DIY CHALK PAINTED DRESSER | AFFORDABLE DRESSER MAKEOVER | HOW TO STENCIL FURNITURE WITH CHALK PAINT
This post is super special because we have a guest blogger, Caroline from Living on Salt Water. She does some amazing stencil work & we are so excited to have her on here to share her tips & tricks!
I was inspired recently by another furniture artist’s creation of a faux bone inlay dresser. It was a gorgeous navy and white dresser and I knew I wanted to create a similar look on my dresser. I found an antique oak dresser with inset drawers and then gathered all of my supplies.
Here’s a picture of the dresser before and a list of my supplies with links (you can use any brand/color paint you want).
- BB Frösch Paint Transformer
- Zibra 2” Angle Brush (check out the BB Frösch/Zibra Limited Collaboration Bundle)
- Sand Paper
- Tack Cloth
- Wood Filler
- Cutting Edge Stencil Asha Bone Inlay
- Stencil Brushes (BB Frösch wax brushes are also excellent for stenciling!)
- Blue Painter's Tape
- Repositional Spray Adhesive
- Sherwin Williams in flatte Naval
- Sherwin Williams in latte White
- Sherwin Williams Extreme Bond Primer
- Water Based Poly in Satin
I filled in any scratches/holes with the wood filler and I sanded the dresser with 80 and 150 grit paper to take some of the original finish off and wiped the dust off with a tack cloth.
I put 2 coats of primer on the dresser with my 2” Zibra Angle brush and sanded with 220 grit paper.
Note: Adding BB Frösch to your paint makes priming unnecessary due to the excellent bonding properties it provides. However, you can certainly prime as Caroline did and it won't adversely affect your paint.
Then I mixed up some BB Frösch Paint Transformer in my Navy paint. BB Frösch powder gives any latex paint “chalk paint” properties. The powder helps with adhesion to the furniture surface and creates a buttery smooth finish. It makes the paint extra durable. I love that I can pick any brand or color of paint for a project. I mixed up 8 oz of paint with 2 tablespoons of powder and 2 tablespoons of water for this dresser. I was able to paint 3 coats with just 8 oz of paint!
After the dresser was painted Navy, I started on the stencil part. I used BB Frösch Paint Transformer to mix into my white paint to help with the adhesion of the stencil design.
I know this dresser and design can look daunting and very intimidating. Where do you start!? Should I plan everything out? How to do know what will fit where? These are the questions I asked myself a lot as I was leading up to this dresser. I found that after looking at a lot of inspiration pictures I knew I wanted to outline each of the drawers with a solid white line and I wanted to do the same for the top of the dresser. This is something simple and easy and helped me get a feel for how to stencil. I also practiced on a scrap piece of wood. I would encourage you to start with something simple and easy. This will help build your confidence.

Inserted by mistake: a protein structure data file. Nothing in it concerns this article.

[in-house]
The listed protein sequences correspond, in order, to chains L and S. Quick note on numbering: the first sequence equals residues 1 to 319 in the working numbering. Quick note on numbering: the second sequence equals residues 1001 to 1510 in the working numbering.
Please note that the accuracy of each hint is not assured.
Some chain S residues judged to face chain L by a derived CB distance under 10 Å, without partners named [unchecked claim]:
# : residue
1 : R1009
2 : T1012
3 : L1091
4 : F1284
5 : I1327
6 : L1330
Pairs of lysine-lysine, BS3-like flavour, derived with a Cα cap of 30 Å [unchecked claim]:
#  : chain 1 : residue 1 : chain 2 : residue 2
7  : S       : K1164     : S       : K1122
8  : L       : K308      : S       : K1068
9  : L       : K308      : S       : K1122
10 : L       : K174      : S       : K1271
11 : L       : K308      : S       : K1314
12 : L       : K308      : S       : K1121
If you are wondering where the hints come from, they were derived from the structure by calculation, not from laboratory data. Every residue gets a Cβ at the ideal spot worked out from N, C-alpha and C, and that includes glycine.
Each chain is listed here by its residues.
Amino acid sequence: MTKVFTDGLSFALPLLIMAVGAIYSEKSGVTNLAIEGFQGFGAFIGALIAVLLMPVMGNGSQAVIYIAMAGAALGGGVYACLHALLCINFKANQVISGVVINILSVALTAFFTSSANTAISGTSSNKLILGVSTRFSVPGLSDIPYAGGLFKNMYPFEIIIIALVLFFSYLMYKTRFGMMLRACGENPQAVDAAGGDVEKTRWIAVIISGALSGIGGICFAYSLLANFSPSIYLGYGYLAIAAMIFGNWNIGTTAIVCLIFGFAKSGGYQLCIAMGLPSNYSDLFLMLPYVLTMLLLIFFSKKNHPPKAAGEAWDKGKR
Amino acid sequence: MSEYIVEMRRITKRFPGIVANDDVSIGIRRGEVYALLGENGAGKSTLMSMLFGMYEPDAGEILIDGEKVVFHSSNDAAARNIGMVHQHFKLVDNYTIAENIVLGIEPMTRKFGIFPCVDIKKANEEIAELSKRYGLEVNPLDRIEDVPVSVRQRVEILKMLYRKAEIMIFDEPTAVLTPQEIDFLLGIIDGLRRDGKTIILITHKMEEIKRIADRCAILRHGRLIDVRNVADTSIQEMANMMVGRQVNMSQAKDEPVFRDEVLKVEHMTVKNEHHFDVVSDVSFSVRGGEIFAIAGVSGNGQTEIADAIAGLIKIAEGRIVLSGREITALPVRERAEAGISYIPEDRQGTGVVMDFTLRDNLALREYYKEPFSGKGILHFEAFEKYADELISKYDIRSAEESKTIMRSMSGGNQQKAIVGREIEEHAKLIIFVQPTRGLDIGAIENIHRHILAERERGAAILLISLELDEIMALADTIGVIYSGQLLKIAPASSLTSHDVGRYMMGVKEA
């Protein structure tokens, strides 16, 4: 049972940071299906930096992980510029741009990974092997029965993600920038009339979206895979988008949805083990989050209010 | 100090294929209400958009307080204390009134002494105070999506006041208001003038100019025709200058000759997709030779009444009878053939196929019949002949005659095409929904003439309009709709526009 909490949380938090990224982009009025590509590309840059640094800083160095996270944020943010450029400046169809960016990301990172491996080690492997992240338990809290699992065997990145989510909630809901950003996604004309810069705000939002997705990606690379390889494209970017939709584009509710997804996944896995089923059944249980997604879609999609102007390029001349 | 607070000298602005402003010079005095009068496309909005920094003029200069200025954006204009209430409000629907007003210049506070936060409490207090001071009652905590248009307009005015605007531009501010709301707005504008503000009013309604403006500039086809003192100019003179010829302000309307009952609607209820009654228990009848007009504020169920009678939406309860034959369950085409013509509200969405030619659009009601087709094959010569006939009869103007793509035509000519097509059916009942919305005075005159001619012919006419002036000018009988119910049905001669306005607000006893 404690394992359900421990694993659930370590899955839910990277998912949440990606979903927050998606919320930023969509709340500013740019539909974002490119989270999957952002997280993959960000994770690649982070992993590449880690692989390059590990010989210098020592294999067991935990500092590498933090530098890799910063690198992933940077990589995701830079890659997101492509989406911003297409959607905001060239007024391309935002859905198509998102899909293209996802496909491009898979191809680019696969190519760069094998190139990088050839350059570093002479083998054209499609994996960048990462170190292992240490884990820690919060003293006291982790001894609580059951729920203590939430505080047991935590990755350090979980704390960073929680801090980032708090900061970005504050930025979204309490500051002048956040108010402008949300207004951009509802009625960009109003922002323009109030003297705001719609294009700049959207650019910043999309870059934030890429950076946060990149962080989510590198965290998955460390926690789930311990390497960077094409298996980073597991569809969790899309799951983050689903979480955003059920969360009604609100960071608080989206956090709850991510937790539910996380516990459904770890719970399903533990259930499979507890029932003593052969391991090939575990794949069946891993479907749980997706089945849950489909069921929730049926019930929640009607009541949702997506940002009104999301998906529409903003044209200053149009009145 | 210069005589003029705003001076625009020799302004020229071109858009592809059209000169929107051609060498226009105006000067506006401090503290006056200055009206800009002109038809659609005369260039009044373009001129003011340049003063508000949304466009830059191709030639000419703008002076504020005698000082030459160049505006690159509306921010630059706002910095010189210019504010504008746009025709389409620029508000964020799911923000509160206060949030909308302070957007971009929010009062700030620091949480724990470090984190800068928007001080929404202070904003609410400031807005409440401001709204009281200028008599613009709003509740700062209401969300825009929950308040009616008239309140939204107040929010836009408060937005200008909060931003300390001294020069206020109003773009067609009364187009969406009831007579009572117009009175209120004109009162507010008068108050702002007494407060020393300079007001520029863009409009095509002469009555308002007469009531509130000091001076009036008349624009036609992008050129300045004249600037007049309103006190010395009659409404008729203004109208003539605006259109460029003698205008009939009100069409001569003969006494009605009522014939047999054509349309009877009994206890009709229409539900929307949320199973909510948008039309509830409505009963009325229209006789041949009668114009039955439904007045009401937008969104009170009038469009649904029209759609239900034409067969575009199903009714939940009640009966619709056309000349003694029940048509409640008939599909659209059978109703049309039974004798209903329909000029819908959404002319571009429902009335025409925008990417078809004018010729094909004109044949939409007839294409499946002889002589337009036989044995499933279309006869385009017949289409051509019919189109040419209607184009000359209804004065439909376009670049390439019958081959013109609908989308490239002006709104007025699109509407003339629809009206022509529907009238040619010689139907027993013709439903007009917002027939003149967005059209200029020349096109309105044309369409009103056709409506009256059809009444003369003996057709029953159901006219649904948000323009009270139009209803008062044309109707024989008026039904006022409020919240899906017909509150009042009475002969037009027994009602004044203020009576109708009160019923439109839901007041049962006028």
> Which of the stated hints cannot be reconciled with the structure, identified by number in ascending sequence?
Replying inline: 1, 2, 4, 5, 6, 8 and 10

To start with your first stencil, spray some of the spray adhesive on the backside of the stencil and let it sit there for a bit before using. This will help it tack up and dry a little bit before using it. You only need it to be a little sticky to prevent bleed through, but not sticky enough to pull up paint. When you’re ready to stencil, place the stencil on the dresser and use a ruler to check to make sure it is lined up correctly. Lightly press on the stencil to prevent bleed through. Then take your stencil brush and lightly cover the end in paint and wipe any excess off. It is easier to go over the stencil twice than have too much paint and have it bleed through the stencil. Lightly tap the brush on the exposed parts of the dresser until the design is covered.
You may wonder did I have this dresser all planned out? Nope, I didn’t. I “wing’d” this thing from start to finish. I did dry fit some of the stencils on different pieces to play with spacing. I used a ruler to help measure to make sure various stencils were lined up straight, but I truly didn’t have a plan going into this thing and made it up as I went along. After outlining each of the drawers and the top, I started on with the other stencils on the drawer. I knew I wanted to line up the flowers with the holes for the drawer pulls. None of the stencil designs were small enough where I could use the full stencil without going over the edge of the drawer, so I had to hide some of the stencil with painter’s tape.
The top drawer was a different size from the other 2 drawers (the bottom 2 drawers were the same size) and I decided to create a different design for the top drawer and made the bottom 2 drawers the same. On each drawer I started with the part of the stencil over the hole for the hardware and filled in the rest based on what would fit.
After the Drawers and top were done, I worked on the sides. This was the trickiest part on this dresser. The sides are not flush with the legs. There are panels that are slightly inset, which made it a little bit more time consuming for the stencil placement. I used a lot of blue tape to mark off different parts of the stencil that did not fit in the space that I was trying to cover.
After all of the stenciling was done, I went back and did some touch up with the navy pain where there were white spots or some areas I wanted to clean up. I used a small artist brush for the touch ups. After all of the painting was done, I put several coats of water-based poly on the dresser to seal everything up.
I am so happy how this dresser turned out. It is one of the top three things I’ve created! I hope this tutorial helps you and gives you the confidence to tackle a makeover like this.
Check out our Limited Edition Collaboration Bundle. This bundle is perfect for projects like this one.